Tuesday, September 27, 2016

Jacob is Nine Years Old

Happy Birthday to our sweet, cute, witty young man. He has a warrior's heart filled with determination and strength of spirit.

Our strong willed, stubborn boy can sway with the wind, but can hold firm like solid rock when he feels he needs to.

He is always ready to find something new to investigate, discover and learn; active and adventurous, loves to explore. He is always ready with a new and imaginative story or joke and can't wait to make a new friend where ever he goes.

Happy Birthday little man! 

May your will, determination, and friendly personality continue to shape and guide you in the right direction with strength and steadfast spirit that keeps you on your path through life. 

Love you always!

Wednesday, September 21, 2016

Noah's Eleven

Eleven Years Old!
Happy Birthday Noah, you have added so much to our life over the years, so much spirit, so much adventure and so many blessings. We love you and have loved watching you grow into the wonderful young man you are becoming. Here's to many, many more years to watch you become the man you will be.

Monday, September 19, 2016

Exploring Our Woods

We went on an adventure this morning exploring our(and our neighbor's) woods. We went in search of a plant that I have seen in the past but hadn't noticed in a couple of years. Apparently deer really like this plant so it is hard to spot because it is usually stripped down every year from the browsing beasts(and I do say that with affection I love them, they are beautiful...but why do they have to eat all the good stuff?)
Anyway, the plant we were searching for is called Euonymus americanus. Some of its common names are American strawberry bush, Strawberry bush, Hearts-a-burstin, or Bursting heart. It is from the staff tree or bittersweet family(Celastraceae) of plants. It is one of our North American native species.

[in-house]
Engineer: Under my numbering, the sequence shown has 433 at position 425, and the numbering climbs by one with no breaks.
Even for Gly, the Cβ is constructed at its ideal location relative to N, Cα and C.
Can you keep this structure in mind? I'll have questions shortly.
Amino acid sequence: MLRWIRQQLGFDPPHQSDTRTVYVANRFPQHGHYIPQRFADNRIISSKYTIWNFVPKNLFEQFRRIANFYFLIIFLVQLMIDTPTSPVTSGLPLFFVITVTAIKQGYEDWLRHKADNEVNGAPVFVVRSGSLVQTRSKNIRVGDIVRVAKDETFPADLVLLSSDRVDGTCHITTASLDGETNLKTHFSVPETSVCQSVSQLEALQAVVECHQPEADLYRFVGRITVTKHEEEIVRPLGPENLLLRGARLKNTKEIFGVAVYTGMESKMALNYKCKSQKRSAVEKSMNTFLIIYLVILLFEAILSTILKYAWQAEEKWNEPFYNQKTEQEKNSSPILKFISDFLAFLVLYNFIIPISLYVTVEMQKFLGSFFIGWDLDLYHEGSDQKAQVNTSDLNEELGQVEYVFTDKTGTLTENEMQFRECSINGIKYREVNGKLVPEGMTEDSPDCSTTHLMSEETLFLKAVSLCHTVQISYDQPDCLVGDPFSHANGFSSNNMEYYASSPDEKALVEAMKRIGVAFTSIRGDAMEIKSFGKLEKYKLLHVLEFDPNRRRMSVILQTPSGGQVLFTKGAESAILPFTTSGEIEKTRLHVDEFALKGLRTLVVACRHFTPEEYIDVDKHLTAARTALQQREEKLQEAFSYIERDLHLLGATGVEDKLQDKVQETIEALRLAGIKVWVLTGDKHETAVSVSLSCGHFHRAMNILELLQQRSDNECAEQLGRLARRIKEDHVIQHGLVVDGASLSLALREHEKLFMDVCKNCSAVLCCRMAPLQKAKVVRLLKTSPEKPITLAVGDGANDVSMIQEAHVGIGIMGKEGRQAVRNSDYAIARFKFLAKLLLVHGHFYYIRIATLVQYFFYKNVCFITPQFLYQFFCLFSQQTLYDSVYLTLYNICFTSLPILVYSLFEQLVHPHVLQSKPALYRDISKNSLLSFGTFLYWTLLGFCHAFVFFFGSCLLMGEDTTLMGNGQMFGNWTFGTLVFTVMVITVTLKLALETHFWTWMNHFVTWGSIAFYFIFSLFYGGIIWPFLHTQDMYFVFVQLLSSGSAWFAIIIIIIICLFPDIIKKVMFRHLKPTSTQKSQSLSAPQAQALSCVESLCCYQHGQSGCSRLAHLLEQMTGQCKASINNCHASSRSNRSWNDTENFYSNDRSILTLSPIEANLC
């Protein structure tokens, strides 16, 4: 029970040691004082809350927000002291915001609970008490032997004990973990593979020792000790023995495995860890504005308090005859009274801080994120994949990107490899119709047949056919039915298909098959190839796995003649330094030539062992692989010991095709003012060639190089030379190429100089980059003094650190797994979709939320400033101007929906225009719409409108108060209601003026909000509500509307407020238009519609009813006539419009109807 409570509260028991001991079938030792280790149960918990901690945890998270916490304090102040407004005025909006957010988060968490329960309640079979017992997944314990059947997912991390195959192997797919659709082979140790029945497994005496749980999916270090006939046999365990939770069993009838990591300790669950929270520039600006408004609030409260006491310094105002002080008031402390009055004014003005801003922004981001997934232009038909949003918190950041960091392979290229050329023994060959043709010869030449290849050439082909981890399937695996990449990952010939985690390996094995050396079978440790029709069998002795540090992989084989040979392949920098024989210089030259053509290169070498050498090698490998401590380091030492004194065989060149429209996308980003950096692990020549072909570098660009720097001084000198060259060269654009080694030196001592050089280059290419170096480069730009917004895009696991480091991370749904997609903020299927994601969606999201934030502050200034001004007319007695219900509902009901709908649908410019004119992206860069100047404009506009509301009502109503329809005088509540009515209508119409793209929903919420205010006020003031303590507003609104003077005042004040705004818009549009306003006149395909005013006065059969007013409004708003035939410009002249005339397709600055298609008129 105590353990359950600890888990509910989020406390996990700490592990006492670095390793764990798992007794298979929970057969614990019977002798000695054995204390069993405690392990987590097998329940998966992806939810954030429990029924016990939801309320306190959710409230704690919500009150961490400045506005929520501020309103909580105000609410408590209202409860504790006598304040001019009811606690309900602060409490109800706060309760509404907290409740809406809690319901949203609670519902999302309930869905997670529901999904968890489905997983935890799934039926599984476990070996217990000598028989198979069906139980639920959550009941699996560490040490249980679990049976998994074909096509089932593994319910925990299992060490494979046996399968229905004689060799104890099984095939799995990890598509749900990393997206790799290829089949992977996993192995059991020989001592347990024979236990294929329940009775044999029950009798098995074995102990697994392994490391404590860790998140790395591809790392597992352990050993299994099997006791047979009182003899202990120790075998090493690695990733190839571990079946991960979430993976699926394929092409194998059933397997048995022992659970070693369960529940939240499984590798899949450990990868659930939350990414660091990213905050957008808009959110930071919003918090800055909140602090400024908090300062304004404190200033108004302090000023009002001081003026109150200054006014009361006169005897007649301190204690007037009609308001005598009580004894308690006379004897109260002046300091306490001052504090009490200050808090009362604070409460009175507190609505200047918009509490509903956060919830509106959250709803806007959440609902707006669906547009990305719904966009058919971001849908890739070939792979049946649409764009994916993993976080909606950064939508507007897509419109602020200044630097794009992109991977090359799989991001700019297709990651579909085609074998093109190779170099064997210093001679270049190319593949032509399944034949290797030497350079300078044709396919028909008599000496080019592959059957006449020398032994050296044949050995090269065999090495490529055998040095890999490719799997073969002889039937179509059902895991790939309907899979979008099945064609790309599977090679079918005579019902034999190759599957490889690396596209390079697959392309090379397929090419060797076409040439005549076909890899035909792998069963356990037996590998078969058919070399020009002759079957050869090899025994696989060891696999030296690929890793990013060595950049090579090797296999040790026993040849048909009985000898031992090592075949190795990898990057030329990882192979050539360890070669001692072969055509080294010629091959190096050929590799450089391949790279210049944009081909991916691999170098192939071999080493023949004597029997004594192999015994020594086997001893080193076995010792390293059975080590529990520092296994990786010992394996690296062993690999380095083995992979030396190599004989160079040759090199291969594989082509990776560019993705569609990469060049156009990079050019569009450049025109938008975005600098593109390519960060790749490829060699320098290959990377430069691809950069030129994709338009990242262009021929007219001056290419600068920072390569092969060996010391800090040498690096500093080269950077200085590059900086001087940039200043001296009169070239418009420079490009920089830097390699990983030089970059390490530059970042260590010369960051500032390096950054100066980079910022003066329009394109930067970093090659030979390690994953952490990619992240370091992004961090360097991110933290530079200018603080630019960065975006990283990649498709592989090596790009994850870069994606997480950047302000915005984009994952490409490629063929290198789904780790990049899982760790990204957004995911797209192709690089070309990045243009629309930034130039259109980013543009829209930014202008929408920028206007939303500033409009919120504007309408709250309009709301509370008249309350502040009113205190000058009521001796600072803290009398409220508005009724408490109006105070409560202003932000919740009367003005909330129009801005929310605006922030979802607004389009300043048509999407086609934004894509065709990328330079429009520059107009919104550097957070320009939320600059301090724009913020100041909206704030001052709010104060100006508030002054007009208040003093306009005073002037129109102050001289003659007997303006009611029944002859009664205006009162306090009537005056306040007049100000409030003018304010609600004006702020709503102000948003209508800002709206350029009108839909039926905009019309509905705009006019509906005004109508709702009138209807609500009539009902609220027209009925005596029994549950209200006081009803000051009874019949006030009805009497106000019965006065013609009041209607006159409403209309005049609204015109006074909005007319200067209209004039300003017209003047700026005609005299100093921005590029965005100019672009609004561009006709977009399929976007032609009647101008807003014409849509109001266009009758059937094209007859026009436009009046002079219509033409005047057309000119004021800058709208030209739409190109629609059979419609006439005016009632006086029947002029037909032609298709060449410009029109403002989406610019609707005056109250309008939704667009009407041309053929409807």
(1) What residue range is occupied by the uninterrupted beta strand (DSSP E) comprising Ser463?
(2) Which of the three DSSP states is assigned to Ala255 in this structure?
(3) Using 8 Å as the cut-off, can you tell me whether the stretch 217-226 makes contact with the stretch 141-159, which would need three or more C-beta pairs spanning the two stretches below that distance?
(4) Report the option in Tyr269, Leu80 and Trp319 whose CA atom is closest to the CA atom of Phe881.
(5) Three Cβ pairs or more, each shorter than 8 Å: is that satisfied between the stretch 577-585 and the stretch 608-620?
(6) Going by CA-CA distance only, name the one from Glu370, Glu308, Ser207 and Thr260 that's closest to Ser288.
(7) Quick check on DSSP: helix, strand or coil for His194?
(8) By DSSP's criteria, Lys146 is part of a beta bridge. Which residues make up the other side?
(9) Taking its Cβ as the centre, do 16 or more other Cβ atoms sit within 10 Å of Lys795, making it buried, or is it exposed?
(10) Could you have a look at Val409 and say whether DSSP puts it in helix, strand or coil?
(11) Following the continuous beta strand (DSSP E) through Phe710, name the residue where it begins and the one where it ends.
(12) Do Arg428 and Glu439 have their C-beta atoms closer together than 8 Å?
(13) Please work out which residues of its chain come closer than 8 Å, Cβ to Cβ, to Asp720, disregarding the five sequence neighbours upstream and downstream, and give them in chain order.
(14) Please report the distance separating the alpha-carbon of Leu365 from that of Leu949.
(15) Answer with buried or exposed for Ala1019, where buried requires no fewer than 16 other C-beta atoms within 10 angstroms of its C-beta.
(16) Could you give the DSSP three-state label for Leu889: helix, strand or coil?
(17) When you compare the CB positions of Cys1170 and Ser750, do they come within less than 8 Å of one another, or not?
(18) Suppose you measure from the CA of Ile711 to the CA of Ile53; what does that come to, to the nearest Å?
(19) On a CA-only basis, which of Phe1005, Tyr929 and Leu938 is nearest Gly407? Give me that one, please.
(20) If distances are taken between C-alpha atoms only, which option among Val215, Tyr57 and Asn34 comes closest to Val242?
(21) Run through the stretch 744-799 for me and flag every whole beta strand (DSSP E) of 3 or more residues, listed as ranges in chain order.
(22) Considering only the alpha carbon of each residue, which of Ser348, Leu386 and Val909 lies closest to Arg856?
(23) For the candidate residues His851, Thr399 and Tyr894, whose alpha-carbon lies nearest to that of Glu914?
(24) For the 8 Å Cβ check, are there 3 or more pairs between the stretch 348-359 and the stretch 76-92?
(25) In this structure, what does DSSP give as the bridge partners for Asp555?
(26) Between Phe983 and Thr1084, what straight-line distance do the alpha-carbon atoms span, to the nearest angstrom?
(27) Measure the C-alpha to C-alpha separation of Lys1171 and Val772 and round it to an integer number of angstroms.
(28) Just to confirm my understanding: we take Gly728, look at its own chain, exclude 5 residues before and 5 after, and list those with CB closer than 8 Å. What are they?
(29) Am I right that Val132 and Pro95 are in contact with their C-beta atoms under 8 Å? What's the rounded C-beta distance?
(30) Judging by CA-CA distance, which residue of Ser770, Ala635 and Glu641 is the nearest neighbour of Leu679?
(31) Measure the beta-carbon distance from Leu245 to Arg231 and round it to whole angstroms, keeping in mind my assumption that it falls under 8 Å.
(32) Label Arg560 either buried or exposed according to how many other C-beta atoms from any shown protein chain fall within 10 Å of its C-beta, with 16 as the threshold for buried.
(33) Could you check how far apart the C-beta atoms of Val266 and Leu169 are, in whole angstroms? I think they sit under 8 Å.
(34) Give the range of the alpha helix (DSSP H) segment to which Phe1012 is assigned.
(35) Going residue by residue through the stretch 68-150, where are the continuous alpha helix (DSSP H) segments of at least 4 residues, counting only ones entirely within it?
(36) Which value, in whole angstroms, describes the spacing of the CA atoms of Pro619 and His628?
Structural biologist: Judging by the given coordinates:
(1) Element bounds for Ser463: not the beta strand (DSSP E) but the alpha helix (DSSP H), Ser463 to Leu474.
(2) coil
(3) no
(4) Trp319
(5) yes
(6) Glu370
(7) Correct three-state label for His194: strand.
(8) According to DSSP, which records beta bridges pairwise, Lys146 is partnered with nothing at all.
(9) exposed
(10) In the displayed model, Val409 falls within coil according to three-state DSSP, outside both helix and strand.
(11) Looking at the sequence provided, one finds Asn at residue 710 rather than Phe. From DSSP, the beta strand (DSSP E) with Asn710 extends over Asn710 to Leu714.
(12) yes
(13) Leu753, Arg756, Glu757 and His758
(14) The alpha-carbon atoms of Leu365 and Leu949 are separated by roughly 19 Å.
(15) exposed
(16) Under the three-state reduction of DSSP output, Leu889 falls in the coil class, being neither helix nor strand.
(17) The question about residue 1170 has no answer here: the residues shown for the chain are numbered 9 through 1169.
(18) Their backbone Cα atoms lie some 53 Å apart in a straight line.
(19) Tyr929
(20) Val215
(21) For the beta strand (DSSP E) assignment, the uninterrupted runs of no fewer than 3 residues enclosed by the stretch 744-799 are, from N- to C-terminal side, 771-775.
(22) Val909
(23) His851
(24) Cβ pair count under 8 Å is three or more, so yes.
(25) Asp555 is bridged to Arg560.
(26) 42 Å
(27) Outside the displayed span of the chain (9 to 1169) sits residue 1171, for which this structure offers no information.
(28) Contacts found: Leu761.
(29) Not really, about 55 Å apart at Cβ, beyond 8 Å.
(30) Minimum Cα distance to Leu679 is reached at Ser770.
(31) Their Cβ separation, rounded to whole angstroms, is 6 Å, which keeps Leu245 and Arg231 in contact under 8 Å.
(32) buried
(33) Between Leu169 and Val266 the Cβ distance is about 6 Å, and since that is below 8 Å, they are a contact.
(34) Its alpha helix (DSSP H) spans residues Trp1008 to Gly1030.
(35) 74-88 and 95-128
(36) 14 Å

This very distinct and unusual shrub has dark green stems, bright green oval lance shaped leaves that have almost no stem and are pointed on both ends. The leaves will turn red in fall. The flowers are small greenish five petal flowers that kind of float above the leaves on their long-ish stems. The fruits and seeds are odd hard little round capsules that are a pinkish red and bumpy. When they are ripe and pop open they reveal bright orange seeds that hang on to the bottom of the capsule usually in groups of 4 or 5. It can grow to be between 2-6 feet tall. The pictures I was able to get are difficult to really see what the plant looks like, because the deer have mostly eaten all of the leaves off of the plant. But now I know that I didn't lose it and will be able to protect it next year.

Some of the other things we found on our explore.

 A frog:

Lots of caterpillars and bugs:

Interesting mushrooms/fungi:

Lots of moss that was fuzzy to touch:

Lots and lots...and lots of spider webs and spiders:
We found some but most of them found us.

Tuesday, September 6, 2016

Farm and Garden: Goat Antics

Yesterday we found out that these little girls have a sense of adventure, well at least one of them does. After putting them away in the evening, giving them their feed and water, and spending some time with them so that we can get them used to us, we left them to settle in for the evening. About an hour later, Noah comes running through the house to go outside screaming, "a goat is out, a goat is out!", and at the same time there was a horrible wailing outside. I walk outside and Charlotte is frantically running around the chicken pen, and her pen trying to figure out how in the world she is going to get back in. Willow is in the pen screaming her head off as if to say what are you doing! So I get a little scratch for Charlotte and coax her back into her pen and tell them good night again. About twenty minutes later there is some banging noises outside and the wailing starts again...I go outside and Charlotte is at it again frantically running around. The first time, we thought she escaped through the gate because it wasn't closed tight enough, so on the way out I made sure it was secure. When it happened the second time, I figured out that she is an escape artist and she somehow jumped through a hole that we left in the little shelter that we built. I am not at all sure how she accomplished it, especially without killing herself or breaking a leg, but it looks like the only other way out of the pen. So we put up a temporary fencing around the hole, and she hasn't gotten out again.